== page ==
@hamishfrost went out against the odds at 3am, hoping that the sun would rise and dispell the veil of falling snow and bitter cold. His faith was not misplaced it seems.

Sometimes you have to go out on a limb, but rarely does hard work pay off like this. What a day for ski touring!

#10 James Lamont - Coire an Lochain

The light grazing the tops are in stark contrast to the chill I can feel from this corrie. @mountainjames86 captures the moment brilliantly. To me, it's like the climber is part of the sediment in the rock.

#11 Liam Campbell - Binnean Mor, Mamores

A helmeted mountaineer sits, looking out on a cloud inversion above the Mamores of Scotland

I couldn't resist squeezing in an extra photograph. This cloud inversion in the Mamores of Scotland is a true beauty. The feeling of bumbling up through thick cloud only to burst through onto a bed of white above cannot be adequately described, only experienced. Liam Campbell's photograph does a pretty good job though.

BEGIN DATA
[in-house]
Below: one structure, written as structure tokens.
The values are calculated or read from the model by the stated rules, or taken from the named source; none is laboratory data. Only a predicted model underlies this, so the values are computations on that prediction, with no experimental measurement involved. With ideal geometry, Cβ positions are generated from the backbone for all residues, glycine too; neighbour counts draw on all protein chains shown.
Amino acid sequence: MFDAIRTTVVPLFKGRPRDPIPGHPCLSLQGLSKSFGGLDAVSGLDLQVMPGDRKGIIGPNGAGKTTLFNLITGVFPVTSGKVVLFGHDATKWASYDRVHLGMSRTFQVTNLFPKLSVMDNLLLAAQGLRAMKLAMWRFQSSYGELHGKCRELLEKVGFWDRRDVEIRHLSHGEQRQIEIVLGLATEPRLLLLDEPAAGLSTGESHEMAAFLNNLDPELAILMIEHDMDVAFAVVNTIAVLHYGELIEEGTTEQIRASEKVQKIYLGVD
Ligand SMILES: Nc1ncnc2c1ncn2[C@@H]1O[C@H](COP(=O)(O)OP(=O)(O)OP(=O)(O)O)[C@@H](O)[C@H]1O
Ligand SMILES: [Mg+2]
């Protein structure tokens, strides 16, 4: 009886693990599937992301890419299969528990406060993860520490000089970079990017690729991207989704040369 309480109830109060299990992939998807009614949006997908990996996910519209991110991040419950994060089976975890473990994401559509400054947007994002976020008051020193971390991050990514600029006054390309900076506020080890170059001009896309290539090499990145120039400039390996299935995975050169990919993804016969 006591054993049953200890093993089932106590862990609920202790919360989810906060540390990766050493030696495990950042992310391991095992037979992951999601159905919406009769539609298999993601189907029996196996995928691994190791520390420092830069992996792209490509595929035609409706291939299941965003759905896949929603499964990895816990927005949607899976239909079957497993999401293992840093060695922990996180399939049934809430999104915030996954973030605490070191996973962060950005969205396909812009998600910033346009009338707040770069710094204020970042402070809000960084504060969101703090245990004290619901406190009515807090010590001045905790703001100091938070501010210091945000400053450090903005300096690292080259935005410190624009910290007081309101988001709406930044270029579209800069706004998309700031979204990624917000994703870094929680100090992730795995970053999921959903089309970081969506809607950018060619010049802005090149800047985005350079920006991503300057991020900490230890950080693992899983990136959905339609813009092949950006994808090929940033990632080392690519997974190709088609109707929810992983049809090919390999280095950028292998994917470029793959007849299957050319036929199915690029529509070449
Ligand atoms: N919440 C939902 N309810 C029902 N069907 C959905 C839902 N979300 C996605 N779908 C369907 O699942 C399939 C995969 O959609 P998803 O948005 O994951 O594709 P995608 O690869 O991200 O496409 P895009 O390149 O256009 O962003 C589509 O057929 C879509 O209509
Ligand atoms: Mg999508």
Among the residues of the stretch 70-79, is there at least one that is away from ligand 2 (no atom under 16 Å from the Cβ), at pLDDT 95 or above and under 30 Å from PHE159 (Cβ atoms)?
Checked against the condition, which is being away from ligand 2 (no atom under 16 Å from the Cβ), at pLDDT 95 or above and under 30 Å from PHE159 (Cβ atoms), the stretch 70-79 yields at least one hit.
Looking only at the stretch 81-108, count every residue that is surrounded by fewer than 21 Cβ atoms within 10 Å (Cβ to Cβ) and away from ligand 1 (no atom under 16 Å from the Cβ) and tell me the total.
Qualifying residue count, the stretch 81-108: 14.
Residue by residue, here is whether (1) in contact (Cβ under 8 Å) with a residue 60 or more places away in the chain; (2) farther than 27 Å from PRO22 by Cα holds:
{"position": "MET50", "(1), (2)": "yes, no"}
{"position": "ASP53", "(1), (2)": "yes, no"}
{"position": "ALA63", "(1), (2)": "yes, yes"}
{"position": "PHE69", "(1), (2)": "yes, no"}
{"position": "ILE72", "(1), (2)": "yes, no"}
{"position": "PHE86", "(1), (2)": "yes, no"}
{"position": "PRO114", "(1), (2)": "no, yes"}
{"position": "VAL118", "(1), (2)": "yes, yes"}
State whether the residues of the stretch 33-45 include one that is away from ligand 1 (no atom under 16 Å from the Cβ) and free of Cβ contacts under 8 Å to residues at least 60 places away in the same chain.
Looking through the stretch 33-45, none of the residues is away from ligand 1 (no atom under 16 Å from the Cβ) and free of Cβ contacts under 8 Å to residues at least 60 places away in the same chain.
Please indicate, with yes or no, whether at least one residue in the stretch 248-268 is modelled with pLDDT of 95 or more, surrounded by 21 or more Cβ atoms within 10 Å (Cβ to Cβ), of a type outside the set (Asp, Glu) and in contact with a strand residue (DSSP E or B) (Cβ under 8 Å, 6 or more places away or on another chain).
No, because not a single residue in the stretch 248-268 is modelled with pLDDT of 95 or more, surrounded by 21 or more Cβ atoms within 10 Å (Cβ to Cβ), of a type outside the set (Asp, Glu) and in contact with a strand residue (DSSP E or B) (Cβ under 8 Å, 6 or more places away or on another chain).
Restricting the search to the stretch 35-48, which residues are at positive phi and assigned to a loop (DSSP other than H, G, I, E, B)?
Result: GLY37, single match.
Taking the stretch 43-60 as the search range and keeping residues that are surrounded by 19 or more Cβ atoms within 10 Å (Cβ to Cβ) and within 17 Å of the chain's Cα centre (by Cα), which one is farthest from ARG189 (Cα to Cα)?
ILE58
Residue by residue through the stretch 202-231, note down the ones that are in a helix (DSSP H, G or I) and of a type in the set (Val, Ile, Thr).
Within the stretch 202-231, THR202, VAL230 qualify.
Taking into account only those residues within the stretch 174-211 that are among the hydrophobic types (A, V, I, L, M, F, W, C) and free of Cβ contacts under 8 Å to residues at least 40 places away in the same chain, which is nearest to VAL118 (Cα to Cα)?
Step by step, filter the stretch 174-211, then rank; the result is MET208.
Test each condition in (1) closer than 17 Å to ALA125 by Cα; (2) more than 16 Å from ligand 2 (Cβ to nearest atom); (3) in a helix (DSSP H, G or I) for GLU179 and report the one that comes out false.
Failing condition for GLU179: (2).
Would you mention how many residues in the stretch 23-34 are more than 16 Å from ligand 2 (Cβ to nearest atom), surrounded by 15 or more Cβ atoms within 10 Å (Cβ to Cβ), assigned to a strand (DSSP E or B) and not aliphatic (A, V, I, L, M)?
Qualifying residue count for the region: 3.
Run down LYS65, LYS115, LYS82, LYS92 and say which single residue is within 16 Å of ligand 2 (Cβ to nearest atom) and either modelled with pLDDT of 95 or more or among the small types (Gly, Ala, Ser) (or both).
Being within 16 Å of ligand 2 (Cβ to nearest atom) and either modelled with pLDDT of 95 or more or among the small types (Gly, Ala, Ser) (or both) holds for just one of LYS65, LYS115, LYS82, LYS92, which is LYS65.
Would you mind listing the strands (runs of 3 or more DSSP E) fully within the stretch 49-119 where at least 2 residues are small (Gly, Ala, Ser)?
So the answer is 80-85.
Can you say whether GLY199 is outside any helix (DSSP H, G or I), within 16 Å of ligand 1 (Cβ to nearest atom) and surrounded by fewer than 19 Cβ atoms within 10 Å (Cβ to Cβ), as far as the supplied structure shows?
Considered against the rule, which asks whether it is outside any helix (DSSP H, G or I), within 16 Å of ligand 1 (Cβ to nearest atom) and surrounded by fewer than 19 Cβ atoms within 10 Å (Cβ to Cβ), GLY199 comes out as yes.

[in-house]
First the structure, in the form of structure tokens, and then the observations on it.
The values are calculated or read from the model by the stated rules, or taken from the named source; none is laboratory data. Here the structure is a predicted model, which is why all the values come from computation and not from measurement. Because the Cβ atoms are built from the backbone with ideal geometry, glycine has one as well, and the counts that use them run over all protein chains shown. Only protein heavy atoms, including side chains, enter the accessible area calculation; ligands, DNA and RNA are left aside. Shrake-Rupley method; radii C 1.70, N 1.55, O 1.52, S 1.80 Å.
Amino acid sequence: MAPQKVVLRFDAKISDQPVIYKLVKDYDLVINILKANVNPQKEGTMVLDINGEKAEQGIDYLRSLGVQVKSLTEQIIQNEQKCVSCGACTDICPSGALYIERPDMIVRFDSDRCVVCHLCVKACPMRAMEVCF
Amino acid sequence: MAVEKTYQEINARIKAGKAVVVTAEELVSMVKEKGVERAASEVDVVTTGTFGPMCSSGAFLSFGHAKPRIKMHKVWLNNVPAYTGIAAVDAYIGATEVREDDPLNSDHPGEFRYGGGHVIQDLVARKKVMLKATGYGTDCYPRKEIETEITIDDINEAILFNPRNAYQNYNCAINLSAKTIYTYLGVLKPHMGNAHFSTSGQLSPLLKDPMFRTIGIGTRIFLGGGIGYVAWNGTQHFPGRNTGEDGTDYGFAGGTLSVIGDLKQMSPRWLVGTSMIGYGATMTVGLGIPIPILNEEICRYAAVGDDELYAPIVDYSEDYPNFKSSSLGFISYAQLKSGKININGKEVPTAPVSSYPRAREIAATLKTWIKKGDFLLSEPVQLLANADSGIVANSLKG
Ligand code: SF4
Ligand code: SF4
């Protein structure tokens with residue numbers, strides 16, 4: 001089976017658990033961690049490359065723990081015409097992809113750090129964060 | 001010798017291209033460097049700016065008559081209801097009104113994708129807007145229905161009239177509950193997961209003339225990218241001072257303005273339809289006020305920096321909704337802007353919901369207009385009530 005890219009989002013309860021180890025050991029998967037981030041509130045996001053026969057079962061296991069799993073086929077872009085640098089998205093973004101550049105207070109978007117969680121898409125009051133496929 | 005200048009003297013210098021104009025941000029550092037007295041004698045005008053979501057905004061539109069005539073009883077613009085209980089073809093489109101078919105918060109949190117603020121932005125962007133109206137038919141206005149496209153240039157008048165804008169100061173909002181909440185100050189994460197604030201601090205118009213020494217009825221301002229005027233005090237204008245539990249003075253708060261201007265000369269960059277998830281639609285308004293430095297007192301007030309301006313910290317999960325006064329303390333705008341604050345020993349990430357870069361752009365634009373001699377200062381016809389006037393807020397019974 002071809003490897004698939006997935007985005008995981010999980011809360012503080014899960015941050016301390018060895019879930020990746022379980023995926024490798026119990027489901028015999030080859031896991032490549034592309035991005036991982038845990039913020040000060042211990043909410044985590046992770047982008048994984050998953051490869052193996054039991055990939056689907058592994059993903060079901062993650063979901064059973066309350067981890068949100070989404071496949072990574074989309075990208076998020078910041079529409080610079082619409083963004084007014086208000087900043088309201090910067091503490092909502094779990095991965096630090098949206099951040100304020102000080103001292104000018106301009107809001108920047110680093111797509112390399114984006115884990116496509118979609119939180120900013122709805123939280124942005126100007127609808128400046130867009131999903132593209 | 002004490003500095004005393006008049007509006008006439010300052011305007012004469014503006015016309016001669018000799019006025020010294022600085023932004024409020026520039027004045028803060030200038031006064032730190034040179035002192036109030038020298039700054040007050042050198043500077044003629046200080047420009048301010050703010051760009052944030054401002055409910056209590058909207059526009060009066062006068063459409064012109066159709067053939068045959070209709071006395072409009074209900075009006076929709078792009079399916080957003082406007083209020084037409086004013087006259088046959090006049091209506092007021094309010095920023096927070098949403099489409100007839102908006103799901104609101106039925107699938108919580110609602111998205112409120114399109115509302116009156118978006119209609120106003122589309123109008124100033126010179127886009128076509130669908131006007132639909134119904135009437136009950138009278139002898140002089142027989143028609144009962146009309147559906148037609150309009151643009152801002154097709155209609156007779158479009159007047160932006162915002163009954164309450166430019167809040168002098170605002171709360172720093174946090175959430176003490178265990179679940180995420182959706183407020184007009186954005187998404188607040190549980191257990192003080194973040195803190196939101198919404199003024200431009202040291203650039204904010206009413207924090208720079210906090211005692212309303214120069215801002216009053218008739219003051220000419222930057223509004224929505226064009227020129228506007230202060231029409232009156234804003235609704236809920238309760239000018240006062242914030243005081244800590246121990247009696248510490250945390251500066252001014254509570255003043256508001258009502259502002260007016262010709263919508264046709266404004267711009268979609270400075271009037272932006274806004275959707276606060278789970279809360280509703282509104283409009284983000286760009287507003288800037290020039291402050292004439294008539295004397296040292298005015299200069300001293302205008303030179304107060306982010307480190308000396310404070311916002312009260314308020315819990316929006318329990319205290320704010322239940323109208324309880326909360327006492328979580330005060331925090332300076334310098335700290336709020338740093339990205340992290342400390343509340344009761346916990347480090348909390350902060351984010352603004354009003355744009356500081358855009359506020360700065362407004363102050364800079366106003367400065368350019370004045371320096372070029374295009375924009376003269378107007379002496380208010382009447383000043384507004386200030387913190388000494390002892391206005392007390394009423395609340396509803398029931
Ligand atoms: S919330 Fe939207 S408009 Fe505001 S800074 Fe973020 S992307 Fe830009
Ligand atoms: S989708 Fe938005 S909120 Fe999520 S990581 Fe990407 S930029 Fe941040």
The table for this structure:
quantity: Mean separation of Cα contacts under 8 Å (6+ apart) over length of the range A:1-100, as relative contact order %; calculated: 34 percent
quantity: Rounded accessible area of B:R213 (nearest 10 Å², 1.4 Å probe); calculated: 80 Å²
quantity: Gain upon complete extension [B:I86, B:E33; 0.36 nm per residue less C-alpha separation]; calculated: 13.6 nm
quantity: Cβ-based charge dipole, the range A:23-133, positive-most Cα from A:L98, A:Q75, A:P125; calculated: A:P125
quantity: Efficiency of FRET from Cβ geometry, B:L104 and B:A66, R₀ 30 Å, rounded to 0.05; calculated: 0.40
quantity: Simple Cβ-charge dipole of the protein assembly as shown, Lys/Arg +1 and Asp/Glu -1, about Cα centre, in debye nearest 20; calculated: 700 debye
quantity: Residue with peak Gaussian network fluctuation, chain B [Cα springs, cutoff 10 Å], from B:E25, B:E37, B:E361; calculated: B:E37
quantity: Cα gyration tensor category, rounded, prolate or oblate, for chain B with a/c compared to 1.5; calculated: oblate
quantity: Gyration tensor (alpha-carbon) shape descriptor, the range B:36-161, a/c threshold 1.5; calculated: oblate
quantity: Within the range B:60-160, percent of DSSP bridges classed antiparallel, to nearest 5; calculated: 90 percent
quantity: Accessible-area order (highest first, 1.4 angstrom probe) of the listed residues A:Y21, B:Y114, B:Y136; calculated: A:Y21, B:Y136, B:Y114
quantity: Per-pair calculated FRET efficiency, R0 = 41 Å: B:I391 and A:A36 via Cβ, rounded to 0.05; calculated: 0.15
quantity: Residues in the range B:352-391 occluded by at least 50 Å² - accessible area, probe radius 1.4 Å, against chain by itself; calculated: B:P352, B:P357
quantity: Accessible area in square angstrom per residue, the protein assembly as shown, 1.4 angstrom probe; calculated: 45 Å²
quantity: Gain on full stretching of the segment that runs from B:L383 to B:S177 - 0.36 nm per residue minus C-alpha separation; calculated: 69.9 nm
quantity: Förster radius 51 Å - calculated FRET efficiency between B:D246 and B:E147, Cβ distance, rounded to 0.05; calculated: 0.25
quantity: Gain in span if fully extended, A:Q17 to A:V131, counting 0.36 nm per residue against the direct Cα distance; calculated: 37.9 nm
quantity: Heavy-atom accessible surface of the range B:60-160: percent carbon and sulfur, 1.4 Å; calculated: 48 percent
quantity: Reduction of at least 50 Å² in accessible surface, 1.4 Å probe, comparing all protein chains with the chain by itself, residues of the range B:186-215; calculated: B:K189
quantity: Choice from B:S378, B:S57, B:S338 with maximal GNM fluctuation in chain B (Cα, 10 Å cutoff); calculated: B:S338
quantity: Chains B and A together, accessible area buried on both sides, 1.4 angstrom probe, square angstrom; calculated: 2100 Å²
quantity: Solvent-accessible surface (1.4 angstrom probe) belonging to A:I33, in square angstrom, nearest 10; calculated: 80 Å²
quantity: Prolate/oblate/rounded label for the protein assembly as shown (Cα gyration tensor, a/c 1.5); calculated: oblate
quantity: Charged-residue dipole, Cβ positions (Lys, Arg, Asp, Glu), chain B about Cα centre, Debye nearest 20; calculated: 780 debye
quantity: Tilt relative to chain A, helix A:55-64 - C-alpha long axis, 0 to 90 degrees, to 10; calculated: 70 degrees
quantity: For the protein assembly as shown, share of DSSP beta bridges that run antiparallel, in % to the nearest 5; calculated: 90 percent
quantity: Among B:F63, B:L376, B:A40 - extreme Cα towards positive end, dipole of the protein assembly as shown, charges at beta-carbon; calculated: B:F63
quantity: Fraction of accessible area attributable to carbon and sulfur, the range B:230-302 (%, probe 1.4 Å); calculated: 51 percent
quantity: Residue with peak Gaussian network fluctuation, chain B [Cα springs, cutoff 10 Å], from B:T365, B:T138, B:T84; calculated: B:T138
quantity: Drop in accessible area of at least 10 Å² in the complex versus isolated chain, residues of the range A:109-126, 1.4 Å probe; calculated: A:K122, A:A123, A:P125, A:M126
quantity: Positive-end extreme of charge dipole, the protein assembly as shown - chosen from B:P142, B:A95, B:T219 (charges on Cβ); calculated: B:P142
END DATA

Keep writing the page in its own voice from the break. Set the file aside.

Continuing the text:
This phenomenon is actually stronger and more common in winter. That dense pack of grey looming over you could be a welcome invitation! All the more reason to get out there and crunch some snow under your soles.

What will you remember this winter?

How will you remember the winter of 2018/19? That inversion around Binnean Mor, the stars twinkling over Liathach or that perfect day scrambling the Forcan Ridge? I hope you're inspired to get out there and explore the winter. I know I am.

If you've connected with any of the images above, please show the photographers some love. And/or, if you're wishing you had the expertise to venture out into the Scottish winter, why not check out our winter skills course?

All photographers above have consented to their work being featured. If you have something you would like to share on the site, please get in touch: [email protected]